Decades ago an older gentleman
wandered into the
foyer of a five-star hotel.
He was carrying a shopping
bag and dressed in
less than appropriate garb for such an
establishment. He asked for a room. The
front desk clerk, assuming him he was a
bum, suggested he try another hotel
down the street. The bum, however,
owned the hotel property. Looks can be
deceiving. Some of the richest
people in both Canada and
the United States are seldom
seen or heard.
They do not make anything,
build our roads or habituate
the world of graphic communications.
But they do rent
space to those who manufacture
or sell products and services.
Somewhat likened to an
iceberg, most of the wealthy
exist below the waterline of
awareness. Hundreds of millions
of square feet hardly noticed
and owned by this group
of the faceless wealthy. Then
there’s Donald Trump.
The results of the Bataan
death march referred to as the
never-ending U.S. election,
shocked a great many people.
Lots of hand wringing and
mea culpa moments ensued.
But it was too late. America
had in fact elected Trump as
its 45th President. He had
campaigned on a clever platform:
The world is falling
apart and dragging America
down with it. Too many immigrants
from the wrong countries,
unfair lopsided trading
practices that put American
industry at risk, and so on.
The plan worked and America
found itself at war – with itself.
Unlike his often silent, low-key
brethren of real estate, President
Trump enjoys the limelight. He craves
attention and respect. There also seems
to be zero commonality between himself
and the average American $24 per hour
factory worker and, as surprising as it
seems on the surface, these workers were
one of the key reasons Trump now holds
one of the most powerful positions in the
It is difficult, if not impossible, to explain
what drives Trump, and even harder
to support his many rigid viewpoints,
except to say that some of it has to do with
his involvement in the construction industry
in New York City. Sitting across
from mid-level bureaucrats that have the
ultimate power over what can or cannot
be built plays a role in his aggressive behaviour.
Having his own name attached
to properties belays a need to protect it.
One assumes Trump blows himself a kiss
each morning when he shaves.
It can be said that Trump’s business
views have changed very little since he
pushed himself into the limelight of the
highest office in the land. The books he is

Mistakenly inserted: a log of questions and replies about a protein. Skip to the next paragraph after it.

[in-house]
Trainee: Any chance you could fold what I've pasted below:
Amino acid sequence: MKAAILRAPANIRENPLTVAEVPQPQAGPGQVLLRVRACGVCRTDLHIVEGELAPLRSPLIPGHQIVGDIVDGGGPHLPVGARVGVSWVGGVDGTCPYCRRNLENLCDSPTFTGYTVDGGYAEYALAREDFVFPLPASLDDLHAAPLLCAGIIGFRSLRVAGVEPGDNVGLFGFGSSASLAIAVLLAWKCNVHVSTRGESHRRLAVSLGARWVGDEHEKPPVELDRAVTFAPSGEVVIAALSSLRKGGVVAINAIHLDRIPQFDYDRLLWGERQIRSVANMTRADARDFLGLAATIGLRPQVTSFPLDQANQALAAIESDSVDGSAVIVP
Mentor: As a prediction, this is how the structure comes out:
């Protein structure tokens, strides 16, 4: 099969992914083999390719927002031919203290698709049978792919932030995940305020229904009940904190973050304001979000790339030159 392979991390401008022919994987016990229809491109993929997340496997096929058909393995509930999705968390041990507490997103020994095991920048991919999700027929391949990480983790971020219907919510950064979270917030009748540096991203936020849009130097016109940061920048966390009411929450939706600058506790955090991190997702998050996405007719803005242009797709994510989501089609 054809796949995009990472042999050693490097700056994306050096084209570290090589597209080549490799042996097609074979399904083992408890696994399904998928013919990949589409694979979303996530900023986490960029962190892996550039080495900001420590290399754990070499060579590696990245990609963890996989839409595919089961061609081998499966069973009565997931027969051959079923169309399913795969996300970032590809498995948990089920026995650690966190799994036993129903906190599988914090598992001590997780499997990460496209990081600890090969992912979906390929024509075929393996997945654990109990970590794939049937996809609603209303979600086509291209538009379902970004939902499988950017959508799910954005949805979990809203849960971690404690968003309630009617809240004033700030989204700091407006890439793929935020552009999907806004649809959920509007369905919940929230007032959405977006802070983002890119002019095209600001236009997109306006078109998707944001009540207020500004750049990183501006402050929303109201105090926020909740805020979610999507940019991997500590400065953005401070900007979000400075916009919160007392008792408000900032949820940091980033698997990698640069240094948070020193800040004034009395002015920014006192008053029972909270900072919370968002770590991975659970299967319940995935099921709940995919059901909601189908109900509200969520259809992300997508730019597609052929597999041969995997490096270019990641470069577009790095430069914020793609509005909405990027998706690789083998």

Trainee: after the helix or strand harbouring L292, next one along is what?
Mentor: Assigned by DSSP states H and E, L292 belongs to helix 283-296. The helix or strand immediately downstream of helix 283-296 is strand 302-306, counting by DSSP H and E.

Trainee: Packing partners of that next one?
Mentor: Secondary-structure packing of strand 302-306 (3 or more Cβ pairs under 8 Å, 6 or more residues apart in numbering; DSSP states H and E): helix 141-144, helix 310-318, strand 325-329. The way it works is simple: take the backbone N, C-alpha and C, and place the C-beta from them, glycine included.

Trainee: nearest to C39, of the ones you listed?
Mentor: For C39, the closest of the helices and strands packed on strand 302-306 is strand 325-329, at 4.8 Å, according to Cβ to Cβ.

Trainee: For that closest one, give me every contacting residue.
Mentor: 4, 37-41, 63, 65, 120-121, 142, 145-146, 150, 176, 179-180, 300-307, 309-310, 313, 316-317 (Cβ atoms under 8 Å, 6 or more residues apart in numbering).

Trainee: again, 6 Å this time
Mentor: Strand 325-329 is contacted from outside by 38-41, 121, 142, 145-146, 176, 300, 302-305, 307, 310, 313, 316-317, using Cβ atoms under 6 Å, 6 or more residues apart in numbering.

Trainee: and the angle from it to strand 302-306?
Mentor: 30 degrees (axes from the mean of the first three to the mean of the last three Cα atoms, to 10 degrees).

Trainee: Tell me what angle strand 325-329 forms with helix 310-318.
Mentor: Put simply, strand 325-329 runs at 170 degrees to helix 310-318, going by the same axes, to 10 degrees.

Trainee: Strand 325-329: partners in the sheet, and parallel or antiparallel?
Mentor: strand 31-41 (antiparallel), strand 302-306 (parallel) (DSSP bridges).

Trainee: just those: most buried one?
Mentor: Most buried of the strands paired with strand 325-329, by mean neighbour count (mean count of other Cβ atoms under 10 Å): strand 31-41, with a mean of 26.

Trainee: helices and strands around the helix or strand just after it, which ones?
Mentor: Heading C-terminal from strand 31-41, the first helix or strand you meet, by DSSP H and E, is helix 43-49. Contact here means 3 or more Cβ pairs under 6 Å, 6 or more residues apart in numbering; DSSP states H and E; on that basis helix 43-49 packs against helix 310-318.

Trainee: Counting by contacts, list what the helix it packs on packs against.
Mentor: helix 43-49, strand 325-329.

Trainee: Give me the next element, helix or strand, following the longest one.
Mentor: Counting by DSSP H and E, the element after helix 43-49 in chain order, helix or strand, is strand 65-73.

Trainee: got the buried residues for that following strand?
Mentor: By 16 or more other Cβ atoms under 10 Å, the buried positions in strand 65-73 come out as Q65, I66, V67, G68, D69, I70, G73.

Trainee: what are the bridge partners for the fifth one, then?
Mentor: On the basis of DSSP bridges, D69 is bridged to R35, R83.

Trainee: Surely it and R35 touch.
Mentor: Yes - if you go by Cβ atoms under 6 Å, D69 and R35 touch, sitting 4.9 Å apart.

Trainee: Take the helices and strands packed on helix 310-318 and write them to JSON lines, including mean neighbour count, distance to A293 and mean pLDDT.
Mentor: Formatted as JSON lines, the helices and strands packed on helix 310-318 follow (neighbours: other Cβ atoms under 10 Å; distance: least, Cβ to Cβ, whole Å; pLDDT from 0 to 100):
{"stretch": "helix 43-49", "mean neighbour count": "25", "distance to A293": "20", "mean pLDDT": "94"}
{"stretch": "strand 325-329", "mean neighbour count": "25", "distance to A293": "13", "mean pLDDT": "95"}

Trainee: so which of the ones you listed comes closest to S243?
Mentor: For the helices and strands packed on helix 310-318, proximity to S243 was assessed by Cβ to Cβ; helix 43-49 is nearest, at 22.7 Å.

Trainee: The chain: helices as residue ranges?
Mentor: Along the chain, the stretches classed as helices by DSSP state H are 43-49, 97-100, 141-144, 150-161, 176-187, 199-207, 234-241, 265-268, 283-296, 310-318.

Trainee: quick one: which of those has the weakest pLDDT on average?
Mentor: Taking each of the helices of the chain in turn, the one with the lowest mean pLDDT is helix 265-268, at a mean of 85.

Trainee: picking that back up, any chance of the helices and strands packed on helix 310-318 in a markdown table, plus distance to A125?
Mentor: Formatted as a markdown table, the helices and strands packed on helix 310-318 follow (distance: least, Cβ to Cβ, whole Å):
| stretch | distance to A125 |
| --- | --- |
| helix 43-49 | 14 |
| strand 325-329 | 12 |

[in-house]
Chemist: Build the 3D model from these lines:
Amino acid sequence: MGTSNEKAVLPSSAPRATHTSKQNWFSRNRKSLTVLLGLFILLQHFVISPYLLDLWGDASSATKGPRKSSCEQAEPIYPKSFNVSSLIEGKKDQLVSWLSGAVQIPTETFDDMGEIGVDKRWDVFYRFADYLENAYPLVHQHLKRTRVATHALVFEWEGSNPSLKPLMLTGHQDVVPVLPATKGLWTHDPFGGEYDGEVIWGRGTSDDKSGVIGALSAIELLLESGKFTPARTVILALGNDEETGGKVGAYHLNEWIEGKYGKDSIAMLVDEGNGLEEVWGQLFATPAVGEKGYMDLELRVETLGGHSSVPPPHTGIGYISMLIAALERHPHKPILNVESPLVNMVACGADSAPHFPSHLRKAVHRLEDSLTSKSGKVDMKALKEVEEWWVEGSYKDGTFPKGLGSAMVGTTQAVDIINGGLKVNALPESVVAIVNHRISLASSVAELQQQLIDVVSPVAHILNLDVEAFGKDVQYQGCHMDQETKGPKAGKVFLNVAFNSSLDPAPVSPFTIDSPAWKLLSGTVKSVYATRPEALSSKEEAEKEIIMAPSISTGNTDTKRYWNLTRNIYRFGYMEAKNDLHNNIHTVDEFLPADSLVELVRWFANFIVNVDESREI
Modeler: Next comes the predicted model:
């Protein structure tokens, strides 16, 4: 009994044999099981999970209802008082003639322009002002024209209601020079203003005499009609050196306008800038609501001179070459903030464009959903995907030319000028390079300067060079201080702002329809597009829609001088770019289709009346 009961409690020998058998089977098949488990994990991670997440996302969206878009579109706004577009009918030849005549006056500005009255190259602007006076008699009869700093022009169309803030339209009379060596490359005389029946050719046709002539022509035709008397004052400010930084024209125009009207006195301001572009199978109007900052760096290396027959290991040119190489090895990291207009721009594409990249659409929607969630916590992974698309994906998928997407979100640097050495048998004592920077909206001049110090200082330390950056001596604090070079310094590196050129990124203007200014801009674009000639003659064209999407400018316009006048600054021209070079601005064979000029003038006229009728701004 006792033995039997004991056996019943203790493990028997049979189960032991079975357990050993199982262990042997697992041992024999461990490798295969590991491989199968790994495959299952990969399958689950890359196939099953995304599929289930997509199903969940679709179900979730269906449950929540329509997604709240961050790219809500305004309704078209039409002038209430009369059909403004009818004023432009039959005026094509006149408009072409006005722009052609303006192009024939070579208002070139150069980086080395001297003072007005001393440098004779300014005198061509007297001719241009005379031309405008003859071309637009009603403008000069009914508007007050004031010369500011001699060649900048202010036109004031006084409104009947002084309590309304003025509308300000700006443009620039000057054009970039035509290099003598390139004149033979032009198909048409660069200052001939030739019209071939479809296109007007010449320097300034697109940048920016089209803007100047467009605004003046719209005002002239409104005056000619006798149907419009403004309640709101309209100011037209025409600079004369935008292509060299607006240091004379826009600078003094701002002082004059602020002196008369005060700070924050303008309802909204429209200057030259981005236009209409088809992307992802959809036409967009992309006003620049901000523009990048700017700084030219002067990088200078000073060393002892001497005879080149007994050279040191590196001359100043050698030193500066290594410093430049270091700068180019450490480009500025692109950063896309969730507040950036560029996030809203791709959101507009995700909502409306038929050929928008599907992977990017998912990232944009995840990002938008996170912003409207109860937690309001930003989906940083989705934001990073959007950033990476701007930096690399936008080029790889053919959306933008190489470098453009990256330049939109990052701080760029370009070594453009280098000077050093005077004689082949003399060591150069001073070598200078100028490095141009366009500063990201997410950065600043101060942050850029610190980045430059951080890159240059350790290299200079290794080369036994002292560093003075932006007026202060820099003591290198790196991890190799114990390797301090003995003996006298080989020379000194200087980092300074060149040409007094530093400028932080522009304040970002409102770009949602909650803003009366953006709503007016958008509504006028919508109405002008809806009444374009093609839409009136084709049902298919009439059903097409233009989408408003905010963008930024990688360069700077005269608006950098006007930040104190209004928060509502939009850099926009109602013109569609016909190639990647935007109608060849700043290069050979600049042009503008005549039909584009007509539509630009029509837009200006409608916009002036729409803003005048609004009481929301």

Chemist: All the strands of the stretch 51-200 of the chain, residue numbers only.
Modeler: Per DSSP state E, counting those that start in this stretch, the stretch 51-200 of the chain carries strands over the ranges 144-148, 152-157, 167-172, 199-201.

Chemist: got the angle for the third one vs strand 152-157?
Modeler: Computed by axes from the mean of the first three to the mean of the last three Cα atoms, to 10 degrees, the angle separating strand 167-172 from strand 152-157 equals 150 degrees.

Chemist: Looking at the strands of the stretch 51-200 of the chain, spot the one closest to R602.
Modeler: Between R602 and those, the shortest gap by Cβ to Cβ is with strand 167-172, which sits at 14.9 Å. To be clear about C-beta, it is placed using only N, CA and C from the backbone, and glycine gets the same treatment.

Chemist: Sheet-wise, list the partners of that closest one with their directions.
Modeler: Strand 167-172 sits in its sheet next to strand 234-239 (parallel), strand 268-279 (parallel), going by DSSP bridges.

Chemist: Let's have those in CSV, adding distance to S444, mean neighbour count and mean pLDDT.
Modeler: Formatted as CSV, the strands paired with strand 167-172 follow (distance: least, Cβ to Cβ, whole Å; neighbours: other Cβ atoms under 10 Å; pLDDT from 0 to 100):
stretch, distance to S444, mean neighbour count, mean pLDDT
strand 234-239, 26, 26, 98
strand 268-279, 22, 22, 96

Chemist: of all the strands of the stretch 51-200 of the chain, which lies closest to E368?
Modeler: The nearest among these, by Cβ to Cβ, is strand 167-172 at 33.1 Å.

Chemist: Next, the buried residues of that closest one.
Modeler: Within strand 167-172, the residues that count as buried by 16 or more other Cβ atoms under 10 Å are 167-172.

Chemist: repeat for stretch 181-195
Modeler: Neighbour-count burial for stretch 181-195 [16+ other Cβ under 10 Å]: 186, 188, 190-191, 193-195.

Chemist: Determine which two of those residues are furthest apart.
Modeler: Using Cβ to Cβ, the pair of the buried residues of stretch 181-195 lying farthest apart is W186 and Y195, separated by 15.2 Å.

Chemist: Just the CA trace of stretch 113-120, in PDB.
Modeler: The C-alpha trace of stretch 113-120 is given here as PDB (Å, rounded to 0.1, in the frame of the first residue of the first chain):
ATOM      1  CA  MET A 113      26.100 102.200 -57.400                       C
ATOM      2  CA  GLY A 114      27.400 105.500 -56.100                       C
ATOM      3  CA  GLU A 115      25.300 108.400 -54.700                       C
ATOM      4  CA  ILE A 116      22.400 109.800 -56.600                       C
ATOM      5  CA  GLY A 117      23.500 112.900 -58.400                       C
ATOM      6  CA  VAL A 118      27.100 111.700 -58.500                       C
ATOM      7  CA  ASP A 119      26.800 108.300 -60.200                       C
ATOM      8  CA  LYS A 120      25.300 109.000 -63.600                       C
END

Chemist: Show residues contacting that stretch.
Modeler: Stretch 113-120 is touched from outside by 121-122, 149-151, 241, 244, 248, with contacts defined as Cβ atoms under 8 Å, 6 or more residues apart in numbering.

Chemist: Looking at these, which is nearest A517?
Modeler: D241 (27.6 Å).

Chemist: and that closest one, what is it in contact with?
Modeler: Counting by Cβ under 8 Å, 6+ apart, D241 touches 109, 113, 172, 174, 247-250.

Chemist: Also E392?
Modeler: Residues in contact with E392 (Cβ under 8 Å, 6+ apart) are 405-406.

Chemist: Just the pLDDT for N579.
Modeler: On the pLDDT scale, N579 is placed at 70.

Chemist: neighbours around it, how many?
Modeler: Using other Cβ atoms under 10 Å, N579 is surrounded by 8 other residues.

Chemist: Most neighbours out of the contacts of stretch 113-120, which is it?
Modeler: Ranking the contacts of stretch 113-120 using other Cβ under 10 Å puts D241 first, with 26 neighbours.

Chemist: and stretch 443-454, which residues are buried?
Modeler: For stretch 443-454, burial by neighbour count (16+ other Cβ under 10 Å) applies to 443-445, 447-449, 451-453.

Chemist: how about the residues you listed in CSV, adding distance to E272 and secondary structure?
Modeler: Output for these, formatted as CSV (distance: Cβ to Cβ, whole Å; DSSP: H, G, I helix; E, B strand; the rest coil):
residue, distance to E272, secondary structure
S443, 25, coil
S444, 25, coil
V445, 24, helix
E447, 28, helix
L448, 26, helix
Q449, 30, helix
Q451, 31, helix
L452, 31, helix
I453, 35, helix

said to have written are nothing more
than grandstanding and one fears Trump
himself believes every word of it. “I alone
can fix it” summarizes extreme narcissism
and bills him as a neo-fascist.
Trump sees government agencies as
wasteful and incompetent – getting in the
way of free enterprise. He did build his
own brand, however, and brought up his
children to business leaders in their own
right, and all the while being mostly
alienated from the aristocrats and oldmoney
movers and shakers. Few wanted
anything to do with a brash newbie with
such radical views of society. This is why
his campaign was so amazing. Trump
created a crisis and drew lower- to middle-
class white males and small business
owners into his web.
Recent gaffs such as the ban on seven
(later reduced to just six) select Muslim-majority countries from
entering the United States plays to the
right-wing hardliners who are also among
his strongest supporters. Trump’s position
is nothing more than a red herring
and he knows it. There are many faiths
within Islam. Ismailis for one are an excellent
example of why Obama’s separation
of extremists and terrorism is so
important. One needs only to recall the
bloodbath in Northern Ireland, between
Catholics and Protestant, to know that
wars are primarily caused by two factors
– economics and religion. Man’s character
cannot be justified by religion: we are all
capable of doing bad things. God has
been just a good excuse for war.
If we elect people solely on character,
legislatures would be virtually empty. But
President Trump with all his obvious flaws
has one attribute that may pan out especially
for manufacturers. I’ve spoken to
quite a few American printers – from all
regions. The majority suggest the same
thing. They support Trump because he
will disrupt the status quo of government
and be a pro-business President. You cannot
argue with that even though some realities
of bringing manufacturing back to
America may mean they will be buying
$10,000 refrigerators and paying much
higher costs for labour-intensive products.